Marvin R. Shanken interviews the man behind Hoyo de Monterrey and Punch.
Marvin R. Shanken
From the Print Edition:
Linda Evangelista, Autumn 95
(continued from page 10)
Blumenthal: We had some special tobacco and special wrappers that were more expensive, and we decided to make an upmarket cigar. I felt there was a need. From the marketing angle because of the better tobacco, we had to get more money for the cigar. What we really do is use special wrappers and special tobacco with great care in making these cigars. And obviously people like them. We can't produce them fast enough.
C.A.: How would you describe the difference in blend or style or taste between Hoyo and Punch?
Blumenthal: I think that Punch is a little heavier cigar than the Hoyo. There's a little more flavor, to me, than in the Hoyo de Monterrey. There is a difference. The blends are made by Frank Llaneza.
C.A.: You've been in the cigar business your entire life. From your perspective, having been both a retailer as well as an importer-distributor, did you ever dream or expect there would be a renaissance in the cigar market such as the one occurring today?
Blumenthal: No. From the day I started in the cigar business the only thing I heard was that it was dying. People said that before World War I most men smoked cigars, and they didn't smoke cigarettes. The situation changed, and cigarettes took over. I think the renaissance in cigars is largely due to the magazine. I think it has promoted interest with people who read it, and then they try cigars.
Young people are afraid to smoke cigarettes. They actually believe that cigarettes will do all these things to them that they say, but there hasn't been that much adverse publicity about cigars. They don't have to inhale the cigars. Cigars have a distinct taste where cigarettes don't. And [young people] are into the good life. They're into wine, they're into brandy, they're into fancy food, French cooking--everything that people didn't do in the past, unless they were very wealthy. So cigars are part of that lifestyle. And the young people today are emulating their superiors.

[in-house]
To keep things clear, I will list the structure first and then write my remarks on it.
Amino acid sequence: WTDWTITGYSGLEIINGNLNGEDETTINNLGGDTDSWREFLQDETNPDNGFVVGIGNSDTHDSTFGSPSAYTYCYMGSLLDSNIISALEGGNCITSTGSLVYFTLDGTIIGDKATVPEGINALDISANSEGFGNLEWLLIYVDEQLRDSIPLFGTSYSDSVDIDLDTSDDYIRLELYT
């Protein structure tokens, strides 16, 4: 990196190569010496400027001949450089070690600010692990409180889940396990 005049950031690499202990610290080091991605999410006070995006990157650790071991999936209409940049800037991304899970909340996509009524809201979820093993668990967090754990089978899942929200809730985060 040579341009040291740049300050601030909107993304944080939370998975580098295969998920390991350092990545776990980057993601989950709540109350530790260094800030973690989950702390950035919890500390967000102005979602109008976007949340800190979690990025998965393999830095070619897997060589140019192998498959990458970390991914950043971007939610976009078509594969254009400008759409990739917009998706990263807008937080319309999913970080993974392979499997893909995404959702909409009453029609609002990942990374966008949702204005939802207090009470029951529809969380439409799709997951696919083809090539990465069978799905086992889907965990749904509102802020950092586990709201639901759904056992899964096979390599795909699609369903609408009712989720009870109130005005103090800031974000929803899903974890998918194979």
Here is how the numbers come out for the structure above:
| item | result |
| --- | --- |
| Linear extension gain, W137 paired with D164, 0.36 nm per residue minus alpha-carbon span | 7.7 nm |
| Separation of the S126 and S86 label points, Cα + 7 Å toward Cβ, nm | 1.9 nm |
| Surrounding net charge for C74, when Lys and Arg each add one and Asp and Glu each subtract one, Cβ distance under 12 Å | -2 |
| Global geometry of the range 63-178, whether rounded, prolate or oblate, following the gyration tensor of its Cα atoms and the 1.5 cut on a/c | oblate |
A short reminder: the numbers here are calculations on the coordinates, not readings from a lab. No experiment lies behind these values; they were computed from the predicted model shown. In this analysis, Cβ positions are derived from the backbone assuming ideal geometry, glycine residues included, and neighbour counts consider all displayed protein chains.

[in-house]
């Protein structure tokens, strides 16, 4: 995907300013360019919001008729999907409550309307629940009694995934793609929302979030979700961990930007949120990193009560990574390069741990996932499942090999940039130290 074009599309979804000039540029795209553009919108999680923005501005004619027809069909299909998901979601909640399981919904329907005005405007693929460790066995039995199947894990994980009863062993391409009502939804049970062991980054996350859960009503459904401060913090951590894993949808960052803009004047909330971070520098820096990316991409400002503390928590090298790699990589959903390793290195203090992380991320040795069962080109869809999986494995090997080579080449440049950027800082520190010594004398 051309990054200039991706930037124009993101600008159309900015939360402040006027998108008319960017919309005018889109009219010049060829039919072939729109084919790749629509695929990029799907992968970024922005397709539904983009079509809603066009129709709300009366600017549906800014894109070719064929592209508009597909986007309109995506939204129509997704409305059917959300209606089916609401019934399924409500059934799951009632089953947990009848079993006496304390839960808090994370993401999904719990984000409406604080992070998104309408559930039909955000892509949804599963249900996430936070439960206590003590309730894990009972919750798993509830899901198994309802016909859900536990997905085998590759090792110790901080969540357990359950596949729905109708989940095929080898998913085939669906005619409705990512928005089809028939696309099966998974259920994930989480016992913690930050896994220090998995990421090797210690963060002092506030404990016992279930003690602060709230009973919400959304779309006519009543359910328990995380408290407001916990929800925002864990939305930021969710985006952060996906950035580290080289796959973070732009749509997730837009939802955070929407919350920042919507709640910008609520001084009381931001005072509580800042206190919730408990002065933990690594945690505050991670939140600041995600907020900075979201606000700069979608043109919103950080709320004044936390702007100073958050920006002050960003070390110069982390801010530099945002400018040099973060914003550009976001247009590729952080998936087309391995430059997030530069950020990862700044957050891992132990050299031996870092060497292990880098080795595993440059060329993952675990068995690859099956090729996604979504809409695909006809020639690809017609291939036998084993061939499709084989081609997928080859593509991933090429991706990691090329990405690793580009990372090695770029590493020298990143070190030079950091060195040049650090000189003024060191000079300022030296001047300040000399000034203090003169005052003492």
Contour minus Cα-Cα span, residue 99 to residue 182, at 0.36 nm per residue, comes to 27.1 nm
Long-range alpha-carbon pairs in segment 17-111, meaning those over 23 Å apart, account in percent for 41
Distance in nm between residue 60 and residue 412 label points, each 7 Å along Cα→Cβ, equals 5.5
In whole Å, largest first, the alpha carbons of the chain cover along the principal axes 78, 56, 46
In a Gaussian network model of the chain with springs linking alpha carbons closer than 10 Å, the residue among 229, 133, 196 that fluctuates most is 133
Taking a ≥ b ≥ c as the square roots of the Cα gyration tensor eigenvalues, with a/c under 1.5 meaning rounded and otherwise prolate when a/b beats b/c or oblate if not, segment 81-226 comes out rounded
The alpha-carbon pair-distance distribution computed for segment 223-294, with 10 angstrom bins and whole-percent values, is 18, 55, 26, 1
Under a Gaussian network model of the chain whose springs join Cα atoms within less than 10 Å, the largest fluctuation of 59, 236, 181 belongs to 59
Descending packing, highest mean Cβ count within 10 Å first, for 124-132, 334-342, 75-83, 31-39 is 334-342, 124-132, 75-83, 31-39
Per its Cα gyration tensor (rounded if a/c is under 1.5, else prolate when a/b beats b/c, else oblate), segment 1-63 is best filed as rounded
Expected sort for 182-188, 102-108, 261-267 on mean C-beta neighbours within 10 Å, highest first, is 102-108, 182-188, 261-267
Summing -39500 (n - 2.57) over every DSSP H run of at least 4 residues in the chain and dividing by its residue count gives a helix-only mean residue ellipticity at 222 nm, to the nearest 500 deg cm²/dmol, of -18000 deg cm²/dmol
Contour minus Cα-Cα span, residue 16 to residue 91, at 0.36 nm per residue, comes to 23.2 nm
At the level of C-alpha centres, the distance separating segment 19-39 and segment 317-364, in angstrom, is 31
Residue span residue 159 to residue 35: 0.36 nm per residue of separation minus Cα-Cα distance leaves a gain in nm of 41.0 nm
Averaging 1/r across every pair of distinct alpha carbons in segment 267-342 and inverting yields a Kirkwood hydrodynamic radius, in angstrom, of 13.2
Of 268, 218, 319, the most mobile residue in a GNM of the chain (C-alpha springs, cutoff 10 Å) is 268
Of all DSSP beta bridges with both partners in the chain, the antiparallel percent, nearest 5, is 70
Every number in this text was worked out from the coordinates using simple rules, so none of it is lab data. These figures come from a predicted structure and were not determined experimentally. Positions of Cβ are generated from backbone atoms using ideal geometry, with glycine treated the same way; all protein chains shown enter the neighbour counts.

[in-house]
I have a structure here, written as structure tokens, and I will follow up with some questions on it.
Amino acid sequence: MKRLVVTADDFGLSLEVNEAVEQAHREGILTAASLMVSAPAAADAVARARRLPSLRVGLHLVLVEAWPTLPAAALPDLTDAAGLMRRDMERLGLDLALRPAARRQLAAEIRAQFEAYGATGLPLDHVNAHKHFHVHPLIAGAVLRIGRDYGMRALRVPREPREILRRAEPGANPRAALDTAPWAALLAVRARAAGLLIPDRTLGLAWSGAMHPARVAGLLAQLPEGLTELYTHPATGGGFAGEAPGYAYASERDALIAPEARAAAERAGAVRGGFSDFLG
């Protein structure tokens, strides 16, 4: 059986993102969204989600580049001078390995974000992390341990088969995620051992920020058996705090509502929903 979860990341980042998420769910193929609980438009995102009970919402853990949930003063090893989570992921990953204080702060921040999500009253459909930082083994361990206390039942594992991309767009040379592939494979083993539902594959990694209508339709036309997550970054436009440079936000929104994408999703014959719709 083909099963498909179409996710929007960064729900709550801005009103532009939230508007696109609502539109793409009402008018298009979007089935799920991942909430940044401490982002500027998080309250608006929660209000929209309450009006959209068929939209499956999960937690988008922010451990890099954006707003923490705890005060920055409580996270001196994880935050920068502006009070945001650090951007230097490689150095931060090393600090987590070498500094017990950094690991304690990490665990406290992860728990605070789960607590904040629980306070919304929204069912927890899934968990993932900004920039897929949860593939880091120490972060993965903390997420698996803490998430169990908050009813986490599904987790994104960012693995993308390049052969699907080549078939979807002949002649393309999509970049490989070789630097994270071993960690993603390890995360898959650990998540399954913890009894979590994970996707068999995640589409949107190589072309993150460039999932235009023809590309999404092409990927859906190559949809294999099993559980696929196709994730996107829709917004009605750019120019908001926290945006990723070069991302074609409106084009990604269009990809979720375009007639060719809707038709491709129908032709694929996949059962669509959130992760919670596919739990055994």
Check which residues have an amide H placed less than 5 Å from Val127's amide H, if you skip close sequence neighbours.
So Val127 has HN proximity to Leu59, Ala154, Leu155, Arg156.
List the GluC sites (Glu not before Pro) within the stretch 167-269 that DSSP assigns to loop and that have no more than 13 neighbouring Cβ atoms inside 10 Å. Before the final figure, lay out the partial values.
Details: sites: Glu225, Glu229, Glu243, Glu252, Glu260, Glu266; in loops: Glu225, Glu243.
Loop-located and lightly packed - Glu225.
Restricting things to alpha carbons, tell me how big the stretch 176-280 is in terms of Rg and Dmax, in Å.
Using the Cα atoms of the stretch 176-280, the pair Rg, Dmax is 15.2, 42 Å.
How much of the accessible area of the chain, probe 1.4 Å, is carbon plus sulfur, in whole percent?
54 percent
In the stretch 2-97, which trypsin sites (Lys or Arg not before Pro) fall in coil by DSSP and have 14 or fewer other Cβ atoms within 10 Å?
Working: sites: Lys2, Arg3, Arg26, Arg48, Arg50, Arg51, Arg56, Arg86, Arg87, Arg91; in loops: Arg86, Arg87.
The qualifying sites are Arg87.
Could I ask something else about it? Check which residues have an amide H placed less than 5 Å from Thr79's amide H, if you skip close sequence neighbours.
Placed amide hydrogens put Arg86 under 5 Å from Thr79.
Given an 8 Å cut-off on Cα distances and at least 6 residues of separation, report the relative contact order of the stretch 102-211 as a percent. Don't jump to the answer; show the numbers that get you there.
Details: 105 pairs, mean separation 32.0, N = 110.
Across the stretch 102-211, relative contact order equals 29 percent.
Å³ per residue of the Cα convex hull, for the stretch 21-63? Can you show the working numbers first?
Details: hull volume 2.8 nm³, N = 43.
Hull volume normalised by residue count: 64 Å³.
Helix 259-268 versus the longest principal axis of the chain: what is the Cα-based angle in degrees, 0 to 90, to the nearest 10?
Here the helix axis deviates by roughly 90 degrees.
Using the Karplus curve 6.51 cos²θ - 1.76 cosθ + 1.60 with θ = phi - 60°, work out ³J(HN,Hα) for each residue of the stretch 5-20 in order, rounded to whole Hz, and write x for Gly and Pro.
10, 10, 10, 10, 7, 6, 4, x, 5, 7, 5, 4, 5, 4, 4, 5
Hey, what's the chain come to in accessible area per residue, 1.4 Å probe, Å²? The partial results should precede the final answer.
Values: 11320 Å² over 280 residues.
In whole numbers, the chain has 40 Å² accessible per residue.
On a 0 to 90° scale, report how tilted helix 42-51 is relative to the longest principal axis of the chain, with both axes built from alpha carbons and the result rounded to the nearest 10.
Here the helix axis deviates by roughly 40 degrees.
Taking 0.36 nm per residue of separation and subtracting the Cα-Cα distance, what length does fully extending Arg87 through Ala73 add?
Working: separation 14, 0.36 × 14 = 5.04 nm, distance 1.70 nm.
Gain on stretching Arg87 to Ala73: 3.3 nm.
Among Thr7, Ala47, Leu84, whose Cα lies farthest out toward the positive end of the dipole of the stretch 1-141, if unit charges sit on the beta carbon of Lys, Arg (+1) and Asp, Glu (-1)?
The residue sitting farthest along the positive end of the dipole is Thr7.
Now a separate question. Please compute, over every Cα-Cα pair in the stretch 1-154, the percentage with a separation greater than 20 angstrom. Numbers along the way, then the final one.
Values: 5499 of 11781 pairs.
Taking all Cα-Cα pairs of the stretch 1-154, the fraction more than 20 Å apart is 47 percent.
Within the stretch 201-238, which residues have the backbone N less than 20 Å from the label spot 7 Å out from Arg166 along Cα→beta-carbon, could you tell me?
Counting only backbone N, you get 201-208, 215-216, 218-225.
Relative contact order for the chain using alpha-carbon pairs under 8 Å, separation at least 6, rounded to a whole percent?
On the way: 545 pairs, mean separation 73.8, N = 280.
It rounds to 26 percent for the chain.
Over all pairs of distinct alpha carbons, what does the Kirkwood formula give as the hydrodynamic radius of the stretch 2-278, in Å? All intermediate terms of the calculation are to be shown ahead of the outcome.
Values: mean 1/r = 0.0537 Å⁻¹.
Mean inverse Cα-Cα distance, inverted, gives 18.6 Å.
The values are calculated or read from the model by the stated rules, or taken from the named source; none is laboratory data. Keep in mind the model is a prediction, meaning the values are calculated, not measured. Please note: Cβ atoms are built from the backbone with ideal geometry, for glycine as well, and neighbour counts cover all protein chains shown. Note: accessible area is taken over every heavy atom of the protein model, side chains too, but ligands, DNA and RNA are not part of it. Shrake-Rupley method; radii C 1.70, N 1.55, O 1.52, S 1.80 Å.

C.A.: Do you see this as a short-term increase in popularity or do you see this continuing for many years to come?
Blumenthal: I hope it'll continue for many years to come. I think that it'll peak at one point, but at what point I don't know. Right now, we have a lot of young smokers. As they grow older they'll probably continue to smoke. Now we need the next generation to come along.
C.A.: What are these young people looking for in terms of brand names, in terms of flavor, in terms of strength? Is the industry giving them what they want?
Blumenthal: I think the industry is giving them what they want. I think that they're getting better cigars than have ever been made before because, for one thing, prices have gone up considerably, so the cigar manufacturers can afford to make a better cigar and take more time with it.
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